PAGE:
|Publication number||US7729685 B1|
|Application number||US 11/878,026|
|Publication date||Jun 1, 2010|
|Filing date||Jul 20, 2007|
|Priority date||Jul 20, 2007|
|Publication number||11878026, 878026, US 7729685 B1, US 7729685B1, US-B1-7729685, US7729685 B1, US7729685B1|
|Inventors||Ben-Ren Chen, Robert Martin Ephraim|
|Original Assignee||Cello Partnership|
|Export Citation||BiBTeX, EndNote, RefMan|
|Patent Citations (5), Non-Patent Citations (2), Referenced by (4), Classifications (19), Legal Events (3)|
|External Links: USPTO, USPTO Assignment, Espacenet|
The present subject matter relates to techniques, equipment and programming to facilitate set-up of a push-to-talk (PTT) communication session for a roaming mobile station of a prepaid subscriber, for example through a voice-switched mobile communication network.
Traditional push-to-talk (PTT) communication utilized two or more radio transceiver stations, all tuned to the same channel. When not transmitting, the transceivers received any signal carried over the channel and supplied any received audio to the users. A user wishing to speak pushed a button, which caused that user's transceiver to broadcast audio over the common channel to the other transceiver(s) that shared the channel. Modern public cellular communication systems have evolved in recent years to offer a wide range of voice and data communications services. Many such services emulate traditional voice telephone services offered originally by the public switched telephone network, but the cellular implementation enhances the services with high degree of mobility. In recent years, it has become popular for cellular communication service providers to offer a PTT service to their customers.
The service providers and their equipment vendors have developed a number of different implementations for supporting PTT through wireless mobile networks. Discussion here focuses on implementations of PTT that utilize voice-switched calls through mobile switching centers of a cellular network. In support of such a PTT service implementation, the carrier deploys a switch referred to as a PTT service specific switch (PTT SSS). Voice calls between the PTT service's subscribers are routed through the PTT SSS, which controls the advanced PTT features and differentiates the PTT service from ordinary voice telephone service through the cellular network. As discussed below, problems arising in handling of PTT call for roaming prepaid subscribers. It may be helpful to consider PTT routing and network handling of prepaid calls in some detail, to understand the problems.
For subscribers roaming “off-net” (i.e. receiving service from an MSC belonging to one of the carrier roaming partners), PTT call routing may rely on the use of a mobile station resident PTT client program that stores a centrally administered contact list. Typically, a PTT subscriber places a PTT call by selecting a name corresponding to a contact from the list stored in the subscriber's mobile station, and the resident PTT client program causes this station to place the PTT call. The names corresponding to the contact list may be the names of other PTT users, the names of predefined groups of other PTT users, or a mixture of both. The PTT call goes through the mobile communication network to the PTT SSS.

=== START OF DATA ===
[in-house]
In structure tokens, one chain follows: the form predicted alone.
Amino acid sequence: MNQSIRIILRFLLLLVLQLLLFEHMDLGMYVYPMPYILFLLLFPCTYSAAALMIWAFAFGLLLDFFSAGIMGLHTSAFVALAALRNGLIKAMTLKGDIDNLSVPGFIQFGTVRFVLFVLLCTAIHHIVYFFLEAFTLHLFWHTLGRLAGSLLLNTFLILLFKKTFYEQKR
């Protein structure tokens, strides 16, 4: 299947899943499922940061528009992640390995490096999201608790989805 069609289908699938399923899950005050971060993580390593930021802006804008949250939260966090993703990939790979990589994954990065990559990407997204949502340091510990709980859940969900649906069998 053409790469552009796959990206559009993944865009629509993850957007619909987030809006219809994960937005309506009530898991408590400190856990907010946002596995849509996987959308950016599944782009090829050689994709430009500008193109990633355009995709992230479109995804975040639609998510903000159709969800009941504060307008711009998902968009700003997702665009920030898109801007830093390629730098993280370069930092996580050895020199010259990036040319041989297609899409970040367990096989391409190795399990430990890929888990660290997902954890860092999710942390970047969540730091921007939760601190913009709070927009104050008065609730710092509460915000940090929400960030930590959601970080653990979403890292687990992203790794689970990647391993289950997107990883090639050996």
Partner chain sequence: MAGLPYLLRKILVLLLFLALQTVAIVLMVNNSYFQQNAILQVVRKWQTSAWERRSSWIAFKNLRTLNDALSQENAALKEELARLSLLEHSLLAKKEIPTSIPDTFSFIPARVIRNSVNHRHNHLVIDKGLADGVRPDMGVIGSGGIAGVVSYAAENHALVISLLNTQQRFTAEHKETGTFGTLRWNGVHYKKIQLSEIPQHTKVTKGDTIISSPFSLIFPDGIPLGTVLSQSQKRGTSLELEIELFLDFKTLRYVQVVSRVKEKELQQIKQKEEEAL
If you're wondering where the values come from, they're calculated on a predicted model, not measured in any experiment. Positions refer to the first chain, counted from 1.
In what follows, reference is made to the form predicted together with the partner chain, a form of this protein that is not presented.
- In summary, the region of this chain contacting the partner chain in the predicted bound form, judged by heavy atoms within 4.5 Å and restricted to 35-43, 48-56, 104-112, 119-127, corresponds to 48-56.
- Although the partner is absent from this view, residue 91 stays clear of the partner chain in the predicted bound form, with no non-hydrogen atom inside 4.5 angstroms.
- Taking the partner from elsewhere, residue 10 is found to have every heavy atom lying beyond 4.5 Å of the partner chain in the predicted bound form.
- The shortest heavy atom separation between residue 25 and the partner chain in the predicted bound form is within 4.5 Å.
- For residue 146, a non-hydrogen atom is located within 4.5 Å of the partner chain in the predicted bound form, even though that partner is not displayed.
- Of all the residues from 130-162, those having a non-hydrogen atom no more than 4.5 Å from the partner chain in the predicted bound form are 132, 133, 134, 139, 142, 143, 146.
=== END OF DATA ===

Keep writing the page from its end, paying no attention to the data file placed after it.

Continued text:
Even when the selected contact is an individual subscriber, rather than a group, the actual number stored in the contact list for that contact is an alias numbers rather than the actual phone number of the contact, since PTT calls must be routed to the PTT SSS rather than to the called contact's Home MSC. While the subscriber identifies contacts by their names and actual corresponding telephone numbers for establishment of the contact in the system, the alias numbers are managed and translated through the PTT SSS. The alias numbers for the contacts on the subscriber's list are downloaded into the PTT client program in the mobile station, and the PTT client uses one of those alias numbers to make each PTT call. The alias numbers are limited in extent, the same alias numbers being assigned to a plurality of subscribers and may translate to different contacts for each of that plurality of subscribers. A table is maintained at the PTT SSS that correlates the alias numbers with the actual phone numbers, for each subscribing mobile station contact list. The alias numbers in the contact lists are subject to change, thus requiring the contact lists to be centrally administered in order to maintain correlation between the subscriber's named contacts and their phone numbers. Updated contact lists are downloaded to the mobile station resident clients when the updates occur. Because of the use of the contact list and aliases, the user typically does not know the number that the PTT client program uses to initiate a PTT communication and may not even remember the actual telephone number of the other party or parties.
For postpay subscribers there is no issue of concern, however, the use of the contact list and aliases raises concerns for prepaid operations, particularly when a prepaid mobile station is roaming off-net. A brief review of prepaid service may help to establish context for further discussion of PTT.
Many providers offering communication services through wireless mobile communication networks offer many of the services on a prepaid basis. As prepaid subscriptions to wireless communications services have become increasingly popular, prepaid availability has been extended to PTT service. Prepaid subscriptions are beneficial both to subscribers and the providers. The customer can budget an amount of airtime that will be used during a certain period of time to insure that the limited cost will not be exceeded. The wireless service provider receives payment in advance and avoids the risk that the customer will default on a bill that can occur with a postpay arrangement.